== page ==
Approaching the last day of school and thinking about the goodbyes that await us, I feel this innate drive to 'get it right' and make sure that we 'send everyone off' with a powerful closing. I have to admit that some of this comes from the 'romantic' in me who loves symbolism and believes in the power of community, but I also do recognize that we never really can 'get it all right'. Learning is a process with ups and downs, and the trajectory of a school year reflects that roller coaster. To help bring some closure with this last Natworthy of 15-16, I am highlighting a few posts that embody a reflective approach to continuous learning and growth - a core aspect of our mission...
Books to Help Teach Kids To Be Inclusive and Compassionate
by Suzanne Nelson in The Washington Post
I always look forward to summer time to both discover and catch up on my summer reading lists. This post by Nelson shares the impact that literature can have on all of us, as we work to be better versions of our selves.
Every moment we share books, music, conversation, or meals with people who might not be completely like us, is one moment more that we benefit and grow as human beings, that we recognize the beauty, fluidity, and worth of our differences. And the more we do this as adults, the more our children recognize how to interact, how to have empathy.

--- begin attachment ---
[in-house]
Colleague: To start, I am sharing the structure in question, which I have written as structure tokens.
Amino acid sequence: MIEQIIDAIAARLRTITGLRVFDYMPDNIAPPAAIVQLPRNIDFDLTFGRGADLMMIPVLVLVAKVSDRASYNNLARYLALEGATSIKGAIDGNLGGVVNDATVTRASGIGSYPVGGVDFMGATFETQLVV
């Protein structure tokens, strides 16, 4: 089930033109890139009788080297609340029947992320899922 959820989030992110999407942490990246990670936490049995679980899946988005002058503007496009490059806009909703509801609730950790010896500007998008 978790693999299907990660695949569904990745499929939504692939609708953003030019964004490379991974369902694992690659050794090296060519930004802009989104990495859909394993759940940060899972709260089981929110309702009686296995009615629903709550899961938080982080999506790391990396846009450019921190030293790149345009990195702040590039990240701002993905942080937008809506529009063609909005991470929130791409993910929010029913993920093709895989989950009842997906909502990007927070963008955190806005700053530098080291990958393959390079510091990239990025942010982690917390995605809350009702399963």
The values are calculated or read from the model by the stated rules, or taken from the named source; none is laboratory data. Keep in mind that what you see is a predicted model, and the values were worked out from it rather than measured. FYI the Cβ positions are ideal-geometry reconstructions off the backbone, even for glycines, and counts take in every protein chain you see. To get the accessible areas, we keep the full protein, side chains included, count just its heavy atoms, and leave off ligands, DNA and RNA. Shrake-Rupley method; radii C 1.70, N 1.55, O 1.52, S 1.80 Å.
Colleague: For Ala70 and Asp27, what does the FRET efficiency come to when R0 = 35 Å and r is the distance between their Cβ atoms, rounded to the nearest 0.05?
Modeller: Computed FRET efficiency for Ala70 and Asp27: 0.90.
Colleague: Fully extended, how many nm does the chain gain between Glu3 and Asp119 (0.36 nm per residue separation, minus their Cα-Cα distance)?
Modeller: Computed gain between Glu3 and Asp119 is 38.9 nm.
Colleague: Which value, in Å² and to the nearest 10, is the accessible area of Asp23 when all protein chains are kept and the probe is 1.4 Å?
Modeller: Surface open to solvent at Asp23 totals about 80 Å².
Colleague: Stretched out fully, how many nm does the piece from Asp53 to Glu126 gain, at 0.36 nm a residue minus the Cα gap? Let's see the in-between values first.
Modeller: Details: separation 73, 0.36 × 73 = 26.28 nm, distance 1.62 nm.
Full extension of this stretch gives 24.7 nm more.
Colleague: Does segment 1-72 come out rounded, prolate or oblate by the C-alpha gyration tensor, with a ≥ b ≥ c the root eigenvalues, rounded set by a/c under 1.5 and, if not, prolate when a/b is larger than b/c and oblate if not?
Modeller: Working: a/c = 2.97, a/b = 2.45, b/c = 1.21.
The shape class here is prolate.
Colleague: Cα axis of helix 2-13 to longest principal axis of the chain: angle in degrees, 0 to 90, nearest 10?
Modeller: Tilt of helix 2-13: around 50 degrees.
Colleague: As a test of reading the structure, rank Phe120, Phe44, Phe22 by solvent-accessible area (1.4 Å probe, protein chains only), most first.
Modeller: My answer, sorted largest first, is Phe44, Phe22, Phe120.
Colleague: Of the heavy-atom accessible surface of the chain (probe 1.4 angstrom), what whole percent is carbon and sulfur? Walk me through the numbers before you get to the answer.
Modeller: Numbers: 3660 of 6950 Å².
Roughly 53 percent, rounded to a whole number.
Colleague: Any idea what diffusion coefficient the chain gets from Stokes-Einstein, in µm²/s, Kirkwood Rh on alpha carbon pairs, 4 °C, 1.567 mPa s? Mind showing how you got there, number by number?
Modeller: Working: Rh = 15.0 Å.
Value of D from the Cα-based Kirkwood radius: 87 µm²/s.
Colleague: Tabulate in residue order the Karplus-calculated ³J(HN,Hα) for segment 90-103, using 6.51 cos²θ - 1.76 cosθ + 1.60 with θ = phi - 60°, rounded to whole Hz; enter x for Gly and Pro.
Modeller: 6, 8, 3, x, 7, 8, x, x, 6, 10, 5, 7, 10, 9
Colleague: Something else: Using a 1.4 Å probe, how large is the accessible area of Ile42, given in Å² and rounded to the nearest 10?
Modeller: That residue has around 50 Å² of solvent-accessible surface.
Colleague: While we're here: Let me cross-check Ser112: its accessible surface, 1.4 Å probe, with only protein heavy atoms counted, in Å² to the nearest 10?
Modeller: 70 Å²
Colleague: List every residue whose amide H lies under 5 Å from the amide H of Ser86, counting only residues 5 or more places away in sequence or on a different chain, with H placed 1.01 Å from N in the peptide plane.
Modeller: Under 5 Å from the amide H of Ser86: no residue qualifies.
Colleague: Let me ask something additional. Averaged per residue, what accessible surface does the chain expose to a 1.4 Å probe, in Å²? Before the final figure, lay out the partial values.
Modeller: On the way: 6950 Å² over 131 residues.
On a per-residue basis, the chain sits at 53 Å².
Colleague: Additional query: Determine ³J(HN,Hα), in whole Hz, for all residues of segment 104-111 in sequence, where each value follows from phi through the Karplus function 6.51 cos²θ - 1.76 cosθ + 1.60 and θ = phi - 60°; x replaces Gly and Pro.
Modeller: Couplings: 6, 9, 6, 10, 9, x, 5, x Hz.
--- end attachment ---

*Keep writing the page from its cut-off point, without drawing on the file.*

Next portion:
The Five Questions That Most Define My Work
post by Will Richardson (@willrich45)
Will Richardson is a wonderful educator and thinker who pushes me out of my comfort zone of thought with his posts, questions, and beliefs. At the heart of this post is Richardson's view that questioning, specifically the inquiry process, drives authentic learning. I love the question he poses at the end (very timely for Father's Day).
...our lives are driven by questions, and the pursuit of interesting questions is the vehicle through which we learn most effectively. Think of any great invention, any great achievement, for that matter almost every act in our lives; they all start with questions, large or small. And like adults, kids learn most profoundly around questions that matter to them.
These still pale in comparison to “How do I raise two kids to be productive, happy, caring, engaged, loving human beings who love to learn?” But they’re where my professional head is at for the moment.
Come Back Better
by Rebecca Mieliwocki in Education Week Teacher